Common Example Of Fraud Related To Foreclosures And Loan Modifications

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We wanted to give Alabama consumers who are facing foreclosure some examples of typical fraud in the context of foreclosures and loan modifications.

We’ll start with loan modifications. A loan modification is typically defined as a permanent change to your note – normally the interest rate, length of the loan, the movement of arrearage (missed payments) to the end of the loan, etc.

Normally the mortgage servicers will talk with you about a loan modification once you start falling behind on your payments. They will also be threatening foreclosure. You need to think of these as two independent trains – whichever reaches the station first wins.

One thing about loan modifications – either by design or otherwise – the mortgage servicer will normally keep you in the dark about the status and will say they don’t control the foreclosure people. So you have no way of knowing if the foreclosure is going to be stopped because the foreclosure people will say they don’t know anything about a loan modification.

But often towards the end the loan modification people (and remember all of these folks work at the same company) will say “Congratulations, you are approved for your loan modification!” But, what about the foreclosure? “Don’t worry about that – it has been stopped and we will send you a new payment book in a couple of weeks.”

What a sense of relief! You cancel the meeting with the bankruptcy attorney or with the mortgage broker who said she could save your home, etc.

None of that is necessary because you are not going into foreclosure. Your home is safe. You made it.

Until you get a letter from the foreclosure lawyer informing you that you must leave your house within ten days or you lose your right of redemption because your home was foreclosed yesterday.

Then, a couple of days after the foreclosure letter you will get a letter saying “You have been rejected for a loan modification.”

What does all of this mean? Our position is that this is fraud. The servicer, who is the only one who knows if the foreclosure will be stopped and the modification granted, tells you the good news. Who else would know? You believe this good news and rely upon it. Then your home is foreclosed and lost.

The servicer never approved you for a loan modification but yet it said that it had approved you. Classic fraud and this is happening with amazing frequency. The servicers take the position that judges will give them a license to lie and will not hold them accountable. We think otherwise…..

Another example of fraud related to foreclosure. We have seen Alabama consumers who are facing foreclosure contact the mortgage servicer to find out what they need to do to save their home. They are told to pay “three months” payments and that will bring the home out of foreclosure.

Desperate to save their home, and wanting to avoid bankruptcy, the homeowner gathers up the money and does not see a bankruptcy attorney. The three payments are made and the servicer accepts the money and deposits it.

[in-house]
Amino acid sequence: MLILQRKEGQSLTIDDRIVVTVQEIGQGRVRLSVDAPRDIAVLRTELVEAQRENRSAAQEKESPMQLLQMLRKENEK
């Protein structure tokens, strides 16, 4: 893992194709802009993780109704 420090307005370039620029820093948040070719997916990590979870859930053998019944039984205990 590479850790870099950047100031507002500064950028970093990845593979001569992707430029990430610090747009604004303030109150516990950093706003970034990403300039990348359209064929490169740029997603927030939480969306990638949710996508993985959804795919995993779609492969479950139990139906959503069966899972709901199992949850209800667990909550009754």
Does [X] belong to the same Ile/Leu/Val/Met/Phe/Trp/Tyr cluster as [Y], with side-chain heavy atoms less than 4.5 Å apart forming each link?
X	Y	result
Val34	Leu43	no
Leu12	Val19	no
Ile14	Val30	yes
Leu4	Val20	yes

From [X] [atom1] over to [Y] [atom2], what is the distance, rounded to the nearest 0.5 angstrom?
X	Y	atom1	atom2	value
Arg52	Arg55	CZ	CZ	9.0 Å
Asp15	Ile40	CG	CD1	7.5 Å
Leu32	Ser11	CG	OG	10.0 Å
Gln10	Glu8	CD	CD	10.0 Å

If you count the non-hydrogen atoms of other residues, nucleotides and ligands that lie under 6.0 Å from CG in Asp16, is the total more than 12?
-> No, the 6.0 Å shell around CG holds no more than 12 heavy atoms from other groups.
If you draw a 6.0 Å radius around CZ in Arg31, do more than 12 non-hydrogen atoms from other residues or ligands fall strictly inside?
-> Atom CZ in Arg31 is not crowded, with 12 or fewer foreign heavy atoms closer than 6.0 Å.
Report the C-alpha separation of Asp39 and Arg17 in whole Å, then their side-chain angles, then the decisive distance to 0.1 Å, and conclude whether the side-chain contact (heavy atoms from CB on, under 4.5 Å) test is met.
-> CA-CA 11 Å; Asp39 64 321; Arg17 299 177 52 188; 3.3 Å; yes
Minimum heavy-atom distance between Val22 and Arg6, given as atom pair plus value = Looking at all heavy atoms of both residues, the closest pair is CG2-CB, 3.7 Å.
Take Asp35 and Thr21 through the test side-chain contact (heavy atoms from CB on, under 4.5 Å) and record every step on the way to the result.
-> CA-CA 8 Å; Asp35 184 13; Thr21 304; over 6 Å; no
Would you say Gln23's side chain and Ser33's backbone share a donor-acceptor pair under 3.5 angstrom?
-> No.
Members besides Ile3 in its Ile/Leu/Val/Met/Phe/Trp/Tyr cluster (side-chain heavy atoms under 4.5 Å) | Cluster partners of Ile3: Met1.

All is well. The home is saved. Or is it?

As in the example above, the Alabama consumer gets a letter informing her that her home has been foreclosed and she must immediately leave or she will be sued. (Remember in Alabama foreclosure is typically “non-judicial” and therefore the court is not involved in the foreclosure and only becomes involved in the lawsuit to “eject” the homeowner from their home.)

What happened? Again, it appears to be fraud. The servicer is the only entity in the world that knows what it will take to end the foreclosure. The servicer says “pay three months payments” and the foreclosure will not occur.

The homeowner believes this and pays it. The servicer accepts it. So why did the foreclosure occur?

Several possibilities. Most common is the servicer wanted the money and wanted to foreclose. Or the servicer will argue that it is just so big and has too many loans to service that it can’t possibly be expected to keep up with payments and promises. Or perhaps the servicer applied the payments in the wrong order – instead of applying payments to the interest and principal for each monthly payment first, and then escrow and then late fees and charges (which is how most notes require payments to be applied), many servicers will reverse the order which means you really didn’t pay three months. So the servicer will say since it applied the payments wrong, you broke the agreement and therefore it didn’t lie! What kind of twisted logic is this?!

Remember there are all sorts of laws that can be used if you are facing a servicer that has lied to you. Federal laws and Alabama state law. Learn about your options and your rights and then take action. This is the only way to protect yourself from abusive mortgage servicers that use fraud to steal your home.

If you are an Alabama consumer and have any questions, call us at 205-879-2447 or fill out our inquiry form on our website. We look forward to hearing from you.

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